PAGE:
Latchkey Games is a (sort of) weekly article that takes a look at games that perhaps didn’t quite get the amount of love they deserved: whether it was a game that was panned on it’s initial release only to become a cult classic, one that stirred the ire of series fans, or simply a game that fell through the cracks and was forgotten by time or overshadowed by a more popular release. This week’s game is Freedom Fighters, a forgotten last-gen gem that blended fast paced, arcade-like third person shooting with light strategy elements.
Even though gamers like to throw the word “linear” around like a pejorative, the best selling “core” games this generation have been thoroughly linear experiences — fun as they are, let’s face it: the campaign missions in games like Call of Duty and its ilk are basically very elaborately designed hallways where ethnic stereotypes pop out at scripted points and you’re forced to shoot them. I enjoy these games as much as the next guy, but after a few years of playing these roller-coaster style scripted shooters, I’m starting to miss the days when FPS’ weren’t afraid to give you a little bit of freedom in terms of exploration and in terms of how you wanted to handle a situation.
Which brings us to today’s game, EA’s Freedom Fighters, which was originally released for the PC, PS2, Gamecube, and the original Xbox back in 2003. Where as modern shooters (in terms of single player, at least,) have limited player freedom in favor of delivering a cinematic experience, Freedom Fighters is a good example of how to make a shooter that’s rife with choices.
Set in alternate reality where the USSR won the Cold War, Freedom Fighters follows protagonist Chris Stone and his rag-tag band of uh, freedom fighters, as they battle to liberate New York City from its Commie occupation. While these days “Communist” has become a misappropriated, catch-all term that conservatives like to use as a label for any politicians or political policies they don’t like, Freedom Fighters keeps the Neo-McCarthyism to a minimum: it’s tone is decidedly campy and politically indifferent, similar to 80’s action movies like the Rambo sequels or Commando. There’s definitely a nationalistic “America vs. THEM” attitude here, but the game’s tone is goofy enough that it comes off more as cartoonish rather than sounding like the developers were trying to further any particular political agenda.
The “Freedom” in Freedom Fighters just doesn’t represent the thematic struggle against the Red Army either: in terms of gameplay, FF gives you a lot more freedom that most other dedicated shooters. Developed by the same team that made the Hitman games, Freedom Fighters features a similar mix of action and adventure elements: you’re often given a choice of multiple levels to play through in any order you chose, and the order in which you tackle each objective actually effects the entire game world. For instance, if you take out the Soviets’ helicopter staging area first, you won’t have to worry about them calling in air strikes when you play subsequent levels. Most levels can’t be 100% completed in one visit either: you’ll often need to free a hostage or steal a piece of equipment from one stage in order to make progress in another area. These choices are actually just minor deviations from the usual shooter formula, but they go a long way into making you feel like you’re actually fighting a war instead of just being guided down a single track.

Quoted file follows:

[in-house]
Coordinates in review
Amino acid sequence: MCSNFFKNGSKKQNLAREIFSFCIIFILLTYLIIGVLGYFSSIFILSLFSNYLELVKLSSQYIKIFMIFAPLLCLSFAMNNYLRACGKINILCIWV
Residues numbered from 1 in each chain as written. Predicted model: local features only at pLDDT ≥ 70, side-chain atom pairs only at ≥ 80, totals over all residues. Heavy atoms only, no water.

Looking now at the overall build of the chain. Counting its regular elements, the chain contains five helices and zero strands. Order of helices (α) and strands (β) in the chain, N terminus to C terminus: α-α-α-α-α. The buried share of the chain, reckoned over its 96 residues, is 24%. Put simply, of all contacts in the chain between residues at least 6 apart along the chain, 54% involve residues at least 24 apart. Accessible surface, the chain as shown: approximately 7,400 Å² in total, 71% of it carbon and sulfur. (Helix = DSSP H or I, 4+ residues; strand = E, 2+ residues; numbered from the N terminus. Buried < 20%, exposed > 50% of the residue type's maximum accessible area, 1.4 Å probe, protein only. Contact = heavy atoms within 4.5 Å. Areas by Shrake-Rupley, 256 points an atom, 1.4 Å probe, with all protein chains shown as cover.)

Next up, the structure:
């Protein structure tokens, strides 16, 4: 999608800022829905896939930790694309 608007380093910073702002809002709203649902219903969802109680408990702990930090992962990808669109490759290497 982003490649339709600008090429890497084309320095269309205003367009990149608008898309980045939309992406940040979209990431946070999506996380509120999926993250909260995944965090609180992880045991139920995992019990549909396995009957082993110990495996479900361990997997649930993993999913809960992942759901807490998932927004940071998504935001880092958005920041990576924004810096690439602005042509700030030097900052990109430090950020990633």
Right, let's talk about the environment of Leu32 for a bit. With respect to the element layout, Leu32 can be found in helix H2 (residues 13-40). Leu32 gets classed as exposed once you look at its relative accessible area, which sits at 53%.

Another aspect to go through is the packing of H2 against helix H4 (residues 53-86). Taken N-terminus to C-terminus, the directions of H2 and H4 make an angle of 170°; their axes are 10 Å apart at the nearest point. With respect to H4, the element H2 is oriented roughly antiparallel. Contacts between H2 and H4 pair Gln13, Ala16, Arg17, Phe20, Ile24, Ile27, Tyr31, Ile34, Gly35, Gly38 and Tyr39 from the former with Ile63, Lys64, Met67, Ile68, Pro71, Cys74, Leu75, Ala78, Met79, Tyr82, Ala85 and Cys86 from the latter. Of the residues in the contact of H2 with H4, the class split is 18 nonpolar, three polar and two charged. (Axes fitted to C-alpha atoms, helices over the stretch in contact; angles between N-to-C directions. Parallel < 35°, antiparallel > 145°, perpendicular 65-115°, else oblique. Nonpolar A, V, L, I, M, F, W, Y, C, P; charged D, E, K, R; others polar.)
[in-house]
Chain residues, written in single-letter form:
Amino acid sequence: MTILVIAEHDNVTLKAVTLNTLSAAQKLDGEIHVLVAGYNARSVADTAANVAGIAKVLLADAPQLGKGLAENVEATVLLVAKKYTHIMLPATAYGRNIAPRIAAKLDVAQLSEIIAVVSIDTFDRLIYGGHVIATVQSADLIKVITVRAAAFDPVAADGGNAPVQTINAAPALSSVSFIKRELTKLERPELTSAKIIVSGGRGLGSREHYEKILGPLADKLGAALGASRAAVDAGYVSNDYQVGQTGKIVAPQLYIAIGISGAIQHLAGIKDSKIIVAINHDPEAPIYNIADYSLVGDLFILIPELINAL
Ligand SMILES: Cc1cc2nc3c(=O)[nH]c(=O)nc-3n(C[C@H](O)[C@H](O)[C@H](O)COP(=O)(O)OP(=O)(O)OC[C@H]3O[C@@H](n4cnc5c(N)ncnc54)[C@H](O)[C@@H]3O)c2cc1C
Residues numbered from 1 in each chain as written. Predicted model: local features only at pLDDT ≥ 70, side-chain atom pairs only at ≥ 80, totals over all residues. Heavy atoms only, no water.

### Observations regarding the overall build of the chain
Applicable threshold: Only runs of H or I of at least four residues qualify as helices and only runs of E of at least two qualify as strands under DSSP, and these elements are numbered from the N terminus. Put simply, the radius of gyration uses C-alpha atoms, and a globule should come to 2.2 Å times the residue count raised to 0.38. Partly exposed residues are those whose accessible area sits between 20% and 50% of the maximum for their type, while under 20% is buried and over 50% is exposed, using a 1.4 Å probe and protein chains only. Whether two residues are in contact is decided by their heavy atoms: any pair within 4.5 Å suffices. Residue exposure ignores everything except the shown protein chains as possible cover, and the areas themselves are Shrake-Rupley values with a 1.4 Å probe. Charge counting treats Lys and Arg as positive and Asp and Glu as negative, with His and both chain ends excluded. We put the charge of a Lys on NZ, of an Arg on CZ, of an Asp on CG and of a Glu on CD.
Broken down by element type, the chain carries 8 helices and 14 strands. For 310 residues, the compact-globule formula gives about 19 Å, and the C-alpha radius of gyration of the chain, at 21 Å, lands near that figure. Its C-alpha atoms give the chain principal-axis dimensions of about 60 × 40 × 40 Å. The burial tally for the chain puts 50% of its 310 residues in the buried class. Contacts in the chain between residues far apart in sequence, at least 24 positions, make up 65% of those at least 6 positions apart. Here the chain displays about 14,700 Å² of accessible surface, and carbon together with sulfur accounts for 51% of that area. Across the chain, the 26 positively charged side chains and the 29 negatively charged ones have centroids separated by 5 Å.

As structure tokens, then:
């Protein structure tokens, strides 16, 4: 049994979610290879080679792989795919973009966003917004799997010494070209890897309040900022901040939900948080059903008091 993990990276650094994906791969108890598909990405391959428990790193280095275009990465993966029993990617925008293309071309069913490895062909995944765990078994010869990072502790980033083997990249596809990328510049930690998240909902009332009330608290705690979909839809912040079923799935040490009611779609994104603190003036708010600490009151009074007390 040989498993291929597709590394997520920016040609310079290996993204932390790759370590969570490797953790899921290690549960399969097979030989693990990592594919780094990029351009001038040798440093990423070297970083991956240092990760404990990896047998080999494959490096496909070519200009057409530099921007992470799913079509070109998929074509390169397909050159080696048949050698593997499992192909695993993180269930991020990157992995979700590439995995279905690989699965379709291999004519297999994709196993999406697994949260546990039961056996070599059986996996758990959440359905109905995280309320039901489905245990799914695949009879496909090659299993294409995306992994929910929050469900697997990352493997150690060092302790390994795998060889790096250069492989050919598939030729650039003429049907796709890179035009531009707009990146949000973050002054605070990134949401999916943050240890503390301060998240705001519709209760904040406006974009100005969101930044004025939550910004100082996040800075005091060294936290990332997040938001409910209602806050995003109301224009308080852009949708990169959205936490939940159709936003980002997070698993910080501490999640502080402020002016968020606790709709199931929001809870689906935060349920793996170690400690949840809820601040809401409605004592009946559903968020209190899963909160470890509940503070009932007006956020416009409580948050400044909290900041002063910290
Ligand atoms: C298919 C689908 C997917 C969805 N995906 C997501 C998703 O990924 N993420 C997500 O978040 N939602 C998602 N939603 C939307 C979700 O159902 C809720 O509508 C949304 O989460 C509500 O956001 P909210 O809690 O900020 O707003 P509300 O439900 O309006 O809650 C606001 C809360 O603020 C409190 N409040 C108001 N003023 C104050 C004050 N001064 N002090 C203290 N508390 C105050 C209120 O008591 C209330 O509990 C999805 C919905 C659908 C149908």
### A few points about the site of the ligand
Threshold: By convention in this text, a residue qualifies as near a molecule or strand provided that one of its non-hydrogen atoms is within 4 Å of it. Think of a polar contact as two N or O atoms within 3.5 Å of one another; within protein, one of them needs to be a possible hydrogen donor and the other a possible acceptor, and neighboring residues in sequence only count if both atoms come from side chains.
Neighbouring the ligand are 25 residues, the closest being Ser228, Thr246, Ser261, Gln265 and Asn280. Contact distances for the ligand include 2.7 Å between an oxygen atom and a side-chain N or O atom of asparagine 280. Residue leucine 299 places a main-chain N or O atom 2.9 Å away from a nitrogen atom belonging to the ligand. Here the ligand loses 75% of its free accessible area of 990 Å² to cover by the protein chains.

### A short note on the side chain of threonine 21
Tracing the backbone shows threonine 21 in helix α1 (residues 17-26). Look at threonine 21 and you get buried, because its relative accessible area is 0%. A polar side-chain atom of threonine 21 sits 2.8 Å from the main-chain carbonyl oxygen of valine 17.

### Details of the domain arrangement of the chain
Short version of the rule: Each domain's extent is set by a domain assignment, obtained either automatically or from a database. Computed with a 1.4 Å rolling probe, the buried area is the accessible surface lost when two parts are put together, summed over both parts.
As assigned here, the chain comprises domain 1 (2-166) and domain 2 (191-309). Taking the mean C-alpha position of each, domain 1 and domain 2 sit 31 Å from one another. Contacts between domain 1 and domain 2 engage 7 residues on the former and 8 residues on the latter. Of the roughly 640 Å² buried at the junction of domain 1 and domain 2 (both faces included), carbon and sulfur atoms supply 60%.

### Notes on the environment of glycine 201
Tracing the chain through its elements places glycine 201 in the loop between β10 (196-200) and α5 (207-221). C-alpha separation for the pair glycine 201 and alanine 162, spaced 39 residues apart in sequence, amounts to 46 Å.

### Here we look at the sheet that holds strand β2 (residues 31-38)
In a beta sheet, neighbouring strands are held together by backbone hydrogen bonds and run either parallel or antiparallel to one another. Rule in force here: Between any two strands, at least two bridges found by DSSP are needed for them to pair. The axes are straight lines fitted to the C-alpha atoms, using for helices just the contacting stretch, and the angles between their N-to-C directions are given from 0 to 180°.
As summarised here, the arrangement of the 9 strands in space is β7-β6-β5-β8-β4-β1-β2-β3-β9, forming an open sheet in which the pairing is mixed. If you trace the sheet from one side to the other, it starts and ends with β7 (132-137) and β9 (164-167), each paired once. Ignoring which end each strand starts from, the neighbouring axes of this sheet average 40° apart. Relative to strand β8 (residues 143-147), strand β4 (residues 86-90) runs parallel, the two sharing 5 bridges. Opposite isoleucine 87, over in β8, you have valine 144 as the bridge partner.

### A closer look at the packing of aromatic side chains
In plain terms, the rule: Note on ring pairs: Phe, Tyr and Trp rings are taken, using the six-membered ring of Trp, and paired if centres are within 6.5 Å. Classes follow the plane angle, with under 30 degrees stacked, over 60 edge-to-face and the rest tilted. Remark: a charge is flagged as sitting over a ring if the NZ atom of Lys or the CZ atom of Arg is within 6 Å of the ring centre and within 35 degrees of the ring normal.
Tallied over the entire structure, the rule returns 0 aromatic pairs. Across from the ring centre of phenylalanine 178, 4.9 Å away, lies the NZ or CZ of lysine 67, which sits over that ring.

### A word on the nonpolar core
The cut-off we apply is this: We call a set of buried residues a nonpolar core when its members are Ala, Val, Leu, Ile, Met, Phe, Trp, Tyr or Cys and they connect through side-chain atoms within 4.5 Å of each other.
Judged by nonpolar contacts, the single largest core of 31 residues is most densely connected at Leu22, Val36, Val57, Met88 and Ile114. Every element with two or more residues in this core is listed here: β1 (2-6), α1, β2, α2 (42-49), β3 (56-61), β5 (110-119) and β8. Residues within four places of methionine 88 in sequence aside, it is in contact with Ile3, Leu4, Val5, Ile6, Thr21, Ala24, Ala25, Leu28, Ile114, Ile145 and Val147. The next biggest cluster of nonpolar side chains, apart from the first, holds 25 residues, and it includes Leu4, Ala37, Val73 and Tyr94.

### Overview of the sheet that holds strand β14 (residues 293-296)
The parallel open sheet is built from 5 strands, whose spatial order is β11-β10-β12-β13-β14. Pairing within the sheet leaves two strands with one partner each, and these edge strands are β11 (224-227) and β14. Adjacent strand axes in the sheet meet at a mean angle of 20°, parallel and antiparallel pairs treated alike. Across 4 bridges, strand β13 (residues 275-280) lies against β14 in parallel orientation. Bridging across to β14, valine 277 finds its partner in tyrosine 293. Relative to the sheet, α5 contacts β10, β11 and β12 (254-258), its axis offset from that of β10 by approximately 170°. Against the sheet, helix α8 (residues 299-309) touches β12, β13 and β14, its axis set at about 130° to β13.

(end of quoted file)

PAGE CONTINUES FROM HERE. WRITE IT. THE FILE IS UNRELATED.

In addition to having to decide what objectives to tackle first, the game also adds some light squad-based strategy to the mix: while Stone starts off as a lone commando, the game eventually puts you in charge of an ever-growing squad of rebels (up to 12 in total,) who you can issue orders to on the fly. The level of strategy is never as deep as you’d get in a Rainbow Six or XCom game, but it is enough to add an interesting layer of depth to the game’s firefights. While you’re limited to three commands – follow, attack, and defend – the game’s AI is competent enough that they’ll fall back when under fire, and they’ll give you covering fire and try to protect you while you complete objectives. The game’s actual shooting mechanics are kind of lackluster by modern standards — there’s no dedicated cover system or regenerating health, so your best option is to either keep moving or stand behind a big wall in order to avoid getting shot up — but the game’s strategy elements help turn what could have been a shallow run-and-gun into a surprisingly satisfying, tactical experience.
Of course, Freedom Fighters isn’t perfect – since the enemies start off strong and get weaker as you complete objectives, the game is actually pretty hard at the beginning and then gets progressively easier as your squad fills out and you disable more parts of the Soviet war machine. The game is also really short: once you get the hang of its various gameplay systems, you can probably blow through the game’s entire campaign in a single afternoon.
Despite those flaws those, Freedom Fighters is still definitely worth going back to. Once you get over the initial difficulty spike, the game is simply a blast to play, and it’s a good example that not all dedicated shooting games have to be mindless corridor shooters. The game’s length will definitely leave you wanting more, but considering you can pick up used copies of Freedom Fighters for just a few bucks nowadays, that flaw is excusable. If you want a solid shooter that’ll work your cerebral skills as well as your reflexes, give Freedom Fighters a shot.